Monday, March 1, 2010

Highway Snobbery

A couple days ago I was having a conversation with someone who was born and bred on PEI, and we got into the topic of the ability of PEI drivers...or should I say, inability of PEI drivers to drive in a normal, safely and road conscious manner. Ok, so he got a little defensive when I announced that all PEI drivers are complete rubbish, which is understandable I suppose because he didn't want to be labeled as one of the drivers that I was referring to (I didn't want to point out his lack of use of signal lights at this point...but....). My belief is that PEI people learn how to drive old trucks and tractors on their family farms as really young kids, and when they get out onto the real roads, they take their skills of farm driving along with them. Just a hypothesis at this point, but my research staff is going to start interviews very shortly.

Anyway, after a good and somewhat heated discussion, I came to the conclusion that I am a bit of a driving snob. At least I am willing to admit it, right? I think that's a good start. I believe that my whole driving snobbery all comes down to learning to drive in BC. We learn some very important skills when we learn to drive in BC. The first thing we master as young drivers is how to park on a hill. Very important because there are vast quantities of those things around that province. PEI doesn't have to deal with that problem, so they get a freebie on that one.
The second thing we learn is to be aggressive, especially if you live in a larger city or plan to visit larger cities. Sometimes the opportunity to pull out onto the highway only comes once every 5 minutes, so you have to take it when you can! That's where my major problem comes with PEI; no one is aggressive enough and everyone lets everyone go ahead of them. Now I know what you're all thinking. You're thinking that's because people from this province are kind and friendly, therefore they let people into traffic left and right and expect nothing except a little wave of appreciation in return. That's cool. I have no qualms with that. The thing is though, what they do is they get so involved with letting people into traffic that they noticeable obstruct traffic and seem to forget the basic rules of the road while doing it.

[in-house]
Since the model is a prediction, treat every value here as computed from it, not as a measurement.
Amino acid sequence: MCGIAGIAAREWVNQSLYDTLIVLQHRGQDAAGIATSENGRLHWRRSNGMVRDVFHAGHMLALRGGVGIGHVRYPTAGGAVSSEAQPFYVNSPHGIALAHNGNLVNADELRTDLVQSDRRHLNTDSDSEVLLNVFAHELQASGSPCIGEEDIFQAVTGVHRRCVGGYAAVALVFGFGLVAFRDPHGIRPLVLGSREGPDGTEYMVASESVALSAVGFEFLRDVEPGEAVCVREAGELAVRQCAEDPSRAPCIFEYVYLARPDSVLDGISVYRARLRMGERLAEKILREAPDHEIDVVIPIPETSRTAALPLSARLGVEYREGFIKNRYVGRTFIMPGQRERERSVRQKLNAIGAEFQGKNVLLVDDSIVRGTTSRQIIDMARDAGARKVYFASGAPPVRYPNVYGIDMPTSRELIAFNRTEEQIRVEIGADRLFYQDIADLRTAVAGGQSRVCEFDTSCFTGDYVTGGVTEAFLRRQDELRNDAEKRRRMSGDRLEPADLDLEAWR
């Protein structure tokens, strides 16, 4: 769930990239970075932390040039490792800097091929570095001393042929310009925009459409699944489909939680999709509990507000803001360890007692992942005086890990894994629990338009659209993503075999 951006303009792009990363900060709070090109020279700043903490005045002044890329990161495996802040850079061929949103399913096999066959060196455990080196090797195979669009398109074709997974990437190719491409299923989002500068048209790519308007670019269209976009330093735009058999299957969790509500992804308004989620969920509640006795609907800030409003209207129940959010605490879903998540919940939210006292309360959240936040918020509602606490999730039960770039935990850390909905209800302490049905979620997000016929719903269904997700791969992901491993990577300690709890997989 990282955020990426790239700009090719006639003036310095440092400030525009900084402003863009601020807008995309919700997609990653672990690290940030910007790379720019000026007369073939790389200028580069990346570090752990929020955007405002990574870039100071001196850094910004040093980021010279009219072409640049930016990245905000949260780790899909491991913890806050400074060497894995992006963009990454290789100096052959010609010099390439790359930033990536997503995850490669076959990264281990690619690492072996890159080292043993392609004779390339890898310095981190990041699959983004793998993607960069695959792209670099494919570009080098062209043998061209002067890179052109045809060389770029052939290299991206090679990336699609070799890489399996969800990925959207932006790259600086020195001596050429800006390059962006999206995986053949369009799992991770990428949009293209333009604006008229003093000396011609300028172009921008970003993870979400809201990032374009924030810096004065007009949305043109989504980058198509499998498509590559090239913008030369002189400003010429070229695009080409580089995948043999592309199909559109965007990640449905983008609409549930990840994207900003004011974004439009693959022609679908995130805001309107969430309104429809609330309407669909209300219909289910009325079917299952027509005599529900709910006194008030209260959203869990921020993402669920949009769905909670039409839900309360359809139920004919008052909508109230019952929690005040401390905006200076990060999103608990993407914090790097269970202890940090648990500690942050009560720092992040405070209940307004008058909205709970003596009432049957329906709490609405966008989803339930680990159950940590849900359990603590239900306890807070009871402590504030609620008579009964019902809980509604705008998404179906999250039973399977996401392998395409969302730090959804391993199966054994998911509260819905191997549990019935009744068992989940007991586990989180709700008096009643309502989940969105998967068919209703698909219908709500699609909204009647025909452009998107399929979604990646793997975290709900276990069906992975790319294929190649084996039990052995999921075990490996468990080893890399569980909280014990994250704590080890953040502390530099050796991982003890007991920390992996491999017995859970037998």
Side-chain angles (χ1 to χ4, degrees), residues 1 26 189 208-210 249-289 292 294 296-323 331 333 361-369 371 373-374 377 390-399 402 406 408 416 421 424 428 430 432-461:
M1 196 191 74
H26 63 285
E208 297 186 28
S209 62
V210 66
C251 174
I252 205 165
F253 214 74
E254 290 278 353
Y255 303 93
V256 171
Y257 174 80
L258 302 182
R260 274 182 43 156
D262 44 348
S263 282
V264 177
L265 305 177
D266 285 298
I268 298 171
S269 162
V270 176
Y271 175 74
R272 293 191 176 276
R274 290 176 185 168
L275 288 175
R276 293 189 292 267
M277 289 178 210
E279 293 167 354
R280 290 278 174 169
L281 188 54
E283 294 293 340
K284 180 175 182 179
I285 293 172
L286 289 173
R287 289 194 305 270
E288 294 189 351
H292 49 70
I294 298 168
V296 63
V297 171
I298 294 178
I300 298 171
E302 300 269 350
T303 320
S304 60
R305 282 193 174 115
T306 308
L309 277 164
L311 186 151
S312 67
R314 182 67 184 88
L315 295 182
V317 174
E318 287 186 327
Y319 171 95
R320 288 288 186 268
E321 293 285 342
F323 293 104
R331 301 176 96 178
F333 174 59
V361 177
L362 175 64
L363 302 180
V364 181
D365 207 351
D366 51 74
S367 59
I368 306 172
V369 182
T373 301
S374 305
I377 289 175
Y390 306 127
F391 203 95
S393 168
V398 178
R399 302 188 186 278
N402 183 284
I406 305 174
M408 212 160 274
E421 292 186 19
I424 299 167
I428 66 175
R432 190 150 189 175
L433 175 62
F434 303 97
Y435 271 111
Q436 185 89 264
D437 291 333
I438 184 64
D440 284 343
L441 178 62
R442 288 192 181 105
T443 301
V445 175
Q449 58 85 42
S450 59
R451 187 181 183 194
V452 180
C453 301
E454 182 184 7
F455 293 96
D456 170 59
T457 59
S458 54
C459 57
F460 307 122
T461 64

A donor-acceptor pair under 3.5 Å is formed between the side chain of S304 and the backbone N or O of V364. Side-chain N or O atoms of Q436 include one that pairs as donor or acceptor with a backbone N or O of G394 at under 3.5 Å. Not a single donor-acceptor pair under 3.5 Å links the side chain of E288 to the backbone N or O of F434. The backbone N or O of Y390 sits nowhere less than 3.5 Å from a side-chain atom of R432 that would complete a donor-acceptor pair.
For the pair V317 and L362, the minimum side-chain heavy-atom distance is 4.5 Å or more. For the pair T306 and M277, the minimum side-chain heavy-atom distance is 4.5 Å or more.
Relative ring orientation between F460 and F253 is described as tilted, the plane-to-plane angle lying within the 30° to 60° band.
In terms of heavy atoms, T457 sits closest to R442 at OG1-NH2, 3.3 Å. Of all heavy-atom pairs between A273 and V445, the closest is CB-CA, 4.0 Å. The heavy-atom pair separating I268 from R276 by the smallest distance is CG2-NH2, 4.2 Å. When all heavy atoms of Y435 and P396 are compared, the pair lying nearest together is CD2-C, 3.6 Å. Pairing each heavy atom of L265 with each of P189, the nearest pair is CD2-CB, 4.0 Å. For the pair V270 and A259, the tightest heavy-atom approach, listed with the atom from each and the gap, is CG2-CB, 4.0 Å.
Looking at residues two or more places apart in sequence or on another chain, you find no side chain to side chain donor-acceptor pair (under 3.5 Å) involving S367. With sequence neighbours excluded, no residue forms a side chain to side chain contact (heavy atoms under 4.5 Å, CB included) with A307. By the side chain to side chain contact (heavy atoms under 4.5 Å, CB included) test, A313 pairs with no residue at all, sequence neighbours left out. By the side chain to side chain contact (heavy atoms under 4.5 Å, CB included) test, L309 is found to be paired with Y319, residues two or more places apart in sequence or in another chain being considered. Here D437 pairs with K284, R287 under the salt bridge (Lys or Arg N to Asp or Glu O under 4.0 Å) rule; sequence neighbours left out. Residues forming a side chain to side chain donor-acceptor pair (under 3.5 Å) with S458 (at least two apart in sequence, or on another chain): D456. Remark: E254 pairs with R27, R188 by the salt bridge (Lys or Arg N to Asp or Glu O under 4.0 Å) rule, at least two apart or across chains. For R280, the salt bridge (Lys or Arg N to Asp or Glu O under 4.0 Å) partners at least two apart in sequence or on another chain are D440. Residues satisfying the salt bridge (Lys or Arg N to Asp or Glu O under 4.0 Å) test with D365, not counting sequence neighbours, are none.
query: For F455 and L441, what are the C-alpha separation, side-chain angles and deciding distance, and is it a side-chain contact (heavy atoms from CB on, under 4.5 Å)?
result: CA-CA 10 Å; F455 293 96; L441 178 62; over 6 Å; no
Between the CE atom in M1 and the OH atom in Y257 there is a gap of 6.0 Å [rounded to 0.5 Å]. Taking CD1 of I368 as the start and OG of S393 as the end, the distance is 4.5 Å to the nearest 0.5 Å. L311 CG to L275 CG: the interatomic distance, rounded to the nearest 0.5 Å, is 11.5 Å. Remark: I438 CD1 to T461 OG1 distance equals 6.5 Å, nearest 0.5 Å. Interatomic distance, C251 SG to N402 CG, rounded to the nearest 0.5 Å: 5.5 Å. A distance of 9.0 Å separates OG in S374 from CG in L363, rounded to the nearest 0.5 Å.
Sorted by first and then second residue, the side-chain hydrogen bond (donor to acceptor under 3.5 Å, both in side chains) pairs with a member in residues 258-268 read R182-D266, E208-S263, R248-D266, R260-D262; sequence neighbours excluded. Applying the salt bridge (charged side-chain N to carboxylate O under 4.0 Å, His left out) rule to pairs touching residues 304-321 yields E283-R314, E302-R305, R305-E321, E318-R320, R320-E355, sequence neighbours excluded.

Which brings me to driving skill #3: know the rules of the road. BC has a lot of four way stops, therefore knowing who goes when and at what time, is extremely important unless you want some old lady in a green Volvo giving you the finger when you lead into the intersection at the wrong time.
The final crucial element that we BCers learn at a very young age, which is by far the most important of all in regards to driving on BC roads, is to always, and I mean always, avoid an Albertan driver at any cost. There is always a good chance that you will, a) get to your destination AT LEAST a half hour late if you are following one, b) rear-end an Albertan when they jam on their brakes when the road tragically bends at a 5 degree angle, c) develop such bad road-rage that you end up in an anger management course, and d) end up having to get your own brakes replaced because you get stuck following one and have to slam on your brakes every 20 seconds because BC has hills, dips and bends all over the place.

(This point brings me to a quick note on something that made me smile yesterday. When you move to a new part of the world, you forget about the weird little things that you experience reguarly in your old place of residence that are part of your everyday life that go completely unnoticed. There are two things that have happened recently that reminded me of home, and they're really weird. The first was when I smelled someone's car brakes a while back. There is a very distinct smell that brakes give when they are about to give-out, which is a smell that isn't common here because people don't brake as much here as they do in BC. The second was the sound of a semi-truck hauling down University Ave last night. It's such a common sound back home, and definitely not in Charlottetown, so the sound of a big-rig shifting gears acually made me happy. Yeah, I might needs medication to help with this problem.)

The last issue that we got into when discussing this whole good driving/bad driving topic was that he pointed out that PEI seems to have very few accidents and that we never hear of them around here, compared to other provinces at least. Me being the geek/snob that I am, looked it up on Stats Canada and found out that actually PEI has the third highest death rate in automobile accidents (per 100,000 people), with the Yukon and Saskachewan taking number 1 and 2...although I am shocked to hear about Saskachewan having such a high death rate considering there are nothing but straight roads in that province which go on, and on, and on, and on. BC was #7 on the list, and Ontario had the least amount of deaths (way to go!)

I apologize if I offended any PEIers or Albertans in this blog. I love all Canadians equally, just not their driving.

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